Welcome again to The Teaching Workshop, where your questions related to pedagogy are answered. Each post features questions submitted by readers with answers from others within the profession. Have a question? Send it to PhilTeacherWorkshop@gmail.com, or participate in the APA Teaching Workshop on Facebook.
Question: “A junior colleague asked me to sit in his class and offer feedback on his teaching. I’m happy to help, but I’m never sure how to be helpful in this way. During the class, I don’t know what to pay attention to or focus on, and afterwards I never know what to say other than generalities like ‘try to encourage more participation.’ Worst of all: I’m always afraid that harsh criticisms will be more harmful than good. What should I do? What are good strategies for helping my friends and colleagues teach?”
The philosophy department at California State University, Sacramento, has a robust teaching evaluation program. Russell DiSilvestro, the department’s chair, describes the department’s program as the best approach he has ever seen.
Here’s what department member G. Randolph Mayes has to say in response to the question:
I think the concern about harsh criticism is understandable because it is a more of an environmental issue. We’ve approached that by adopting a strong stance against inflationary evaluations and a departmental ethos in which everyone is expected to seek out and respond favorably to such criticism, which isn’t easy to do. On our webiste, here, we have our standard template for doing faculty visitations (click on ‘Visitation Forms’)… You’ll notice that a lot of the questions aren’t particularly about classroom performance, but basic course design.
More generally, I think it is just important for teachers to start becoming educated about what works and what does not. This just isn’t a matter of speculation or anecdote anymore. Empirical learning science has been around for a very long time and there are many robust results, well-summarized in books like Make it Stick by Peter Brown, et al, and How We Learn by Benedict Carey. This is accessibly summarized in Morrison’s article, “Make Teaching ‘Stick’ with Ideas from ‘Make it Stick: The Science of Successful Learning.’” Lots of these things have application in the traditional lecture classroom, but lots more are about how to effectively depart from it.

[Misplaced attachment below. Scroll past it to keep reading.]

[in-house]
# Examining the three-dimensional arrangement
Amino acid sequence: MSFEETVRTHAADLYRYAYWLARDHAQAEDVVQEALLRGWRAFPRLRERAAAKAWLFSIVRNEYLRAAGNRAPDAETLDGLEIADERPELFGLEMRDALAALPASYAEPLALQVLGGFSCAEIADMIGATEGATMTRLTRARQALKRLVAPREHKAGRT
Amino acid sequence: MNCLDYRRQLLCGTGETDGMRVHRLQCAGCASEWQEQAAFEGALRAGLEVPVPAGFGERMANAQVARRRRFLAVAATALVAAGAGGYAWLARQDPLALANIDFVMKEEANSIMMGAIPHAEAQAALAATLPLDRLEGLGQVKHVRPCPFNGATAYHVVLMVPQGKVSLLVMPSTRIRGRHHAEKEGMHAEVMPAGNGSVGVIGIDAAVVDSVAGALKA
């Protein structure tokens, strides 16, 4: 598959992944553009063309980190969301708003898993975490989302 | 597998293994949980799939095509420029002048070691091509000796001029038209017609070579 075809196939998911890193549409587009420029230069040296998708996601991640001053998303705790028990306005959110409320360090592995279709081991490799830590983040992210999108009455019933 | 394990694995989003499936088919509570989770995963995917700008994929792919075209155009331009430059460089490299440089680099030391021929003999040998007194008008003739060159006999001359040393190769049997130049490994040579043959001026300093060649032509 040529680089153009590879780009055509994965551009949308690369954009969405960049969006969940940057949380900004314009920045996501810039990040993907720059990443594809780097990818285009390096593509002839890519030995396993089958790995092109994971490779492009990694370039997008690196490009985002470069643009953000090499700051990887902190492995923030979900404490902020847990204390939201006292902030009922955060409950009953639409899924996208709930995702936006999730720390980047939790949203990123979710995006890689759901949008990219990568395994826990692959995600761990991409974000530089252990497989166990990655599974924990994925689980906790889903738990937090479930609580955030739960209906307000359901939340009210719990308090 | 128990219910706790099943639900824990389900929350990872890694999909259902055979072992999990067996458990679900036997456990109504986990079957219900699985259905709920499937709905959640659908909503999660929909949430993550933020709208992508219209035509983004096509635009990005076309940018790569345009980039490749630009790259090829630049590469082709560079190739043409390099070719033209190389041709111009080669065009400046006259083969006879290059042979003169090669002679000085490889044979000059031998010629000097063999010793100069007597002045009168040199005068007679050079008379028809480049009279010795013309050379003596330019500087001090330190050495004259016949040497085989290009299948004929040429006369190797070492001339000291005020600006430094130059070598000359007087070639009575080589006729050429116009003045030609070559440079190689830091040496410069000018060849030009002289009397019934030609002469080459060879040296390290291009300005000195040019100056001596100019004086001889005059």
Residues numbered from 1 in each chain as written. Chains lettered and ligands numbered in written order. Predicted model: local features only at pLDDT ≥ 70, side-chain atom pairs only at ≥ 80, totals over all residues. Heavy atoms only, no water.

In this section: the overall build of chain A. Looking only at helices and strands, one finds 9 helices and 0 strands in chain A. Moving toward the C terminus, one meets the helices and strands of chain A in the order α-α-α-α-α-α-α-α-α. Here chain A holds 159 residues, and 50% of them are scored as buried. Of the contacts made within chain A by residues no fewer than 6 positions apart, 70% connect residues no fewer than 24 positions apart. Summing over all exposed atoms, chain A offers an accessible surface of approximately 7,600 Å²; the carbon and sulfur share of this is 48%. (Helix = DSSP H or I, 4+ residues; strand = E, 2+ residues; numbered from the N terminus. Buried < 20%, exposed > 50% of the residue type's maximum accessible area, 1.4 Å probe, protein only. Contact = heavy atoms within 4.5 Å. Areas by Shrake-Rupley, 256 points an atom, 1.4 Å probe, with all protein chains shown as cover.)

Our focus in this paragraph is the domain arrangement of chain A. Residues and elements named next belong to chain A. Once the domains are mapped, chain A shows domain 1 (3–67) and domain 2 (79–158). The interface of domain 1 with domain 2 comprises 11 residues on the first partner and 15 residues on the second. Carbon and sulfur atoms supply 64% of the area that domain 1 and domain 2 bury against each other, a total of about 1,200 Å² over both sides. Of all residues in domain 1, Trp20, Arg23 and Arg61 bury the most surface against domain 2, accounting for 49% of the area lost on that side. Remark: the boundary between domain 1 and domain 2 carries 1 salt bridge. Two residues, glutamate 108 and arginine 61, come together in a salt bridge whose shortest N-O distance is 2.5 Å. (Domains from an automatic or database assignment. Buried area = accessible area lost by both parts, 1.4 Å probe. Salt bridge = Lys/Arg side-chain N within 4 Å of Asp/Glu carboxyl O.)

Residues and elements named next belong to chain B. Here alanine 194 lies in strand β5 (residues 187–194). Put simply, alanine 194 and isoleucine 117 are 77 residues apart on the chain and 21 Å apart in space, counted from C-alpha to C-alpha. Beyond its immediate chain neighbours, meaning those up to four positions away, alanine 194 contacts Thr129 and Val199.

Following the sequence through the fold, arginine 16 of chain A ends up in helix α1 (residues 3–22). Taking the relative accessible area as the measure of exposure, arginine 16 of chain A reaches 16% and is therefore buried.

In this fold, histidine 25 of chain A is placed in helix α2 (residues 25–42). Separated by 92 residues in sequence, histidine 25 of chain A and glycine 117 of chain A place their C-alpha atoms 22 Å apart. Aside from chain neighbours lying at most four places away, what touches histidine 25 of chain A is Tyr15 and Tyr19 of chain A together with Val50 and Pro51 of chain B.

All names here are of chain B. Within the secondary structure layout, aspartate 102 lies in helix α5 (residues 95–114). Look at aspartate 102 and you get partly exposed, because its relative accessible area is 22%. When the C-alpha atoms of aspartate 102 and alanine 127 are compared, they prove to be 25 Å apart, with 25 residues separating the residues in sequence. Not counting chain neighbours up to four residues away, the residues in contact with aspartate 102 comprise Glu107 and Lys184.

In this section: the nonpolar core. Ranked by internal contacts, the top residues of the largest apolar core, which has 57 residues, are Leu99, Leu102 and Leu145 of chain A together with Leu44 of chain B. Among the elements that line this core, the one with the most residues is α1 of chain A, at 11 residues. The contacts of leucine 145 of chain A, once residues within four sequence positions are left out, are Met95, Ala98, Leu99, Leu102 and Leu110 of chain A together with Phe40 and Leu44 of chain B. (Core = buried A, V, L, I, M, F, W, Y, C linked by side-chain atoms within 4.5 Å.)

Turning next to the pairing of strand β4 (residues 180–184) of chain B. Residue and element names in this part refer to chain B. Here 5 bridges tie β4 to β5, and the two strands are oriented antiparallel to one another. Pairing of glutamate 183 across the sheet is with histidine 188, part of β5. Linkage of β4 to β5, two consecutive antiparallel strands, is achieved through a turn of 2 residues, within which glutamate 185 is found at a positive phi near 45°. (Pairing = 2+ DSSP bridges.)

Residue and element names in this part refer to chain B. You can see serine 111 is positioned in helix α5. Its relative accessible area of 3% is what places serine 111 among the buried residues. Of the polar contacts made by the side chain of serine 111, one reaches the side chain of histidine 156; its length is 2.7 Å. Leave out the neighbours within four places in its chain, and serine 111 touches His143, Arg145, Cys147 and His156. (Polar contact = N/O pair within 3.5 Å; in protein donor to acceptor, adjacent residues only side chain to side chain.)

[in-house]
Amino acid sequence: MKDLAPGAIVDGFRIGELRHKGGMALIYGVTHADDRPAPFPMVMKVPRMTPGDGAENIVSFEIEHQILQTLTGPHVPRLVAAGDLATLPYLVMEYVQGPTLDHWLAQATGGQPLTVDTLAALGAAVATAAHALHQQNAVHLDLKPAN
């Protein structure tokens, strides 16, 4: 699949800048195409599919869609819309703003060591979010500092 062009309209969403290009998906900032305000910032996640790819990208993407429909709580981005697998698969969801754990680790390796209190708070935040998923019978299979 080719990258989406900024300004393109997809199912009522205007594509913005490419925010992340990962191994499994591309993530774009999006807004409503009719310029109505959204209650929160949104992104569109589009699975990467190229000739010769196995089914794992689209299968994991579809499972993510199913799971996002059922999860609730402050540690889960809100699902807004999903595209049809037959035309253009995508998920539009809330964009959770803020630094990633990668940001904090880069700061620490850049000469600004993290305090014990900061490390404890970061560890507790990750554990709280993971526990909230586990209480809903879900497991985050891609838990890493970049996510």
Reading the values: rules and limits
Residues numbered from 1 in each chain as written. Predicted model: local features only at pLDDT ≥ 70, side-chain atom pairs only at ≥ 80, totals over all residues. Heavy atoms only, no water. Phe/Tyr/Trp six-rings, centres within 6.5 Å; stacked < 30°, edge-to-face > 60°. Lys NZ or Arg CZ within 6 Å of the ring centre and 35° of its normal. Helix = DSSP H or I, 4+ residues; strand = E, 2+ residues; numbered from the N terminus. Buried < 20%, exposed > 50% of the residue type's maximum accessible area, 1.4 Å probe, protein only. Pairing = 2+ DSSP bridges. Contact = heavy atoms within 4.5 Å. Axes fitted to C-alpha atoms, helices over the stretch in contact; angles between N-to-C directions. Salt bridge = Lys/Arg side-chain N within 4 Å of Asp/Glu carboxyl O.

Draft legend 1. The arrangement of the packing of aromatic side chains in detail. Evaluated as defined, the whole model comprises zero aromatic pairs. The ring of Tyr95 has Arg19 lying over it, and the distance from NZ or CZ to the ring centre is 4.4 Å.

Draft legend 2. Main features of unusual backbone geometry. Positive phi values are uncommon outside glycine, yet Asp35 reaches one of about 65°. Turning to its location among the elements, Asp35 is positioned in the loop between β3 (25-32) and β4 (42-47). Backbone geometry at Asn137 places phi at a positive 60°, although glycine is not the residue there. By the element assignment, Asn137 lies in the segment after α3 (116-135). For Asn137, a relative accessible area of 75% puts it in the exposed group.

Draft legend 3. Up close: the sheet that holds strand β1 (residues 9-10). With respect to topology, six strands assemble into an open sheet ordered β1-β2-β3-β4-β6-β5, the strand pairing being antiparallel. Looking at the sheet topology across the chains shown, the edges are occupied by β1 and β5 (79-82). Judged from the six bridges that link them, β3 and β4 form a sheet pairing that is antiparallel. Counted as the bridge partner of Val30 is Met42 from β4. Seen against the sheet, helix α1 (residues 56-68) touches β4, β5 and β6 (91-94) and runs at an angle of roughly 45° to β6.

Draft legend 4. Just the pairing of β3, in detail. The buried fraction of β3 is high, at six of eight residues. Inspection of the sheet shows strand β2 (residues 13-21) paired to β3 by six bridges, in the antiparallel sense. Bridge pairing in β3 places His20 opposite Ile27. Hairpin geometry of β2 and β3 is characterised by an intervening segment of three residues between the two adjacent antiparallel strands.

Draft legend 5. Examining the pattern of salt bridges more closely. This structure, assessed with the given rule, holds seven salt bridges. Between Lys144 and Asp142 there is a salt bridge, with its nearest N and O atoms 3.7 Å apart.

Here are some of the items contained within Sacramento State’s philosophy department’s visitation questionnaire:
Syllabus and requirements:
- Are the syllabus and the work schedule for this class clear?
- Are the course requirements clear?
- Are the assessment methods appropriate and transparent?
- Does adequate assessment occur within the first three weeks of instruction?
- Are the readings and other course material appropriate?
- Are the requirements and assessment tools adequate to a course of this type?
- How can the basic design of this course be improved?
- Punctuality of instructor
- Presence or absence of distractions or distracting behaviors in students or instructor
- General level of readiness and attentiveness in students or instructor
Quality of presentation:
- Was the presentation clear, interesting, well-structured and appropriate to the level of the class?
- Were there any notable omissions, errors, misrepresentations or over-simplifications in the presentation of the topic?
- Was the technology employed competently?
- Did the instructor skillfully cultivate student interest in the subject?
- Was the presentation especially creative in any way?
- Was the instructor attentive to the general level of student comprehension?
- Were any student comprehension assessment methods employed during class?
- Were students clearly held responsible for reading or other preparation?
- Did the instructor deal helpfully and effectively with student questions?
- Was the time used completely and efficiently?
- Did the instructor treat the students with respect?
- Did the students treat the instructor with respect?
- Was the social atmosphere in the course generally positive?
- “Peer observation of teaching in university departments: a framework for implementation,” Maureen Bell
- “Overcoming Some Threshold Concepts in Scholarly Teaching,” Sarah L. Bunnell and Daniel J. Bernstein
- “Teaching as community property: Putting an end to pedagogical solitude,” Lee S. Shulman
Can you also help answer this question? Join the conversation in the comments below, email us, Jennifer Morton and Michelle Saint, at PhilTeacherWorkshop@gmail.com, or participate in the APA Teaching Workshop on Facebook. Remember, the best answers are constructive and specific.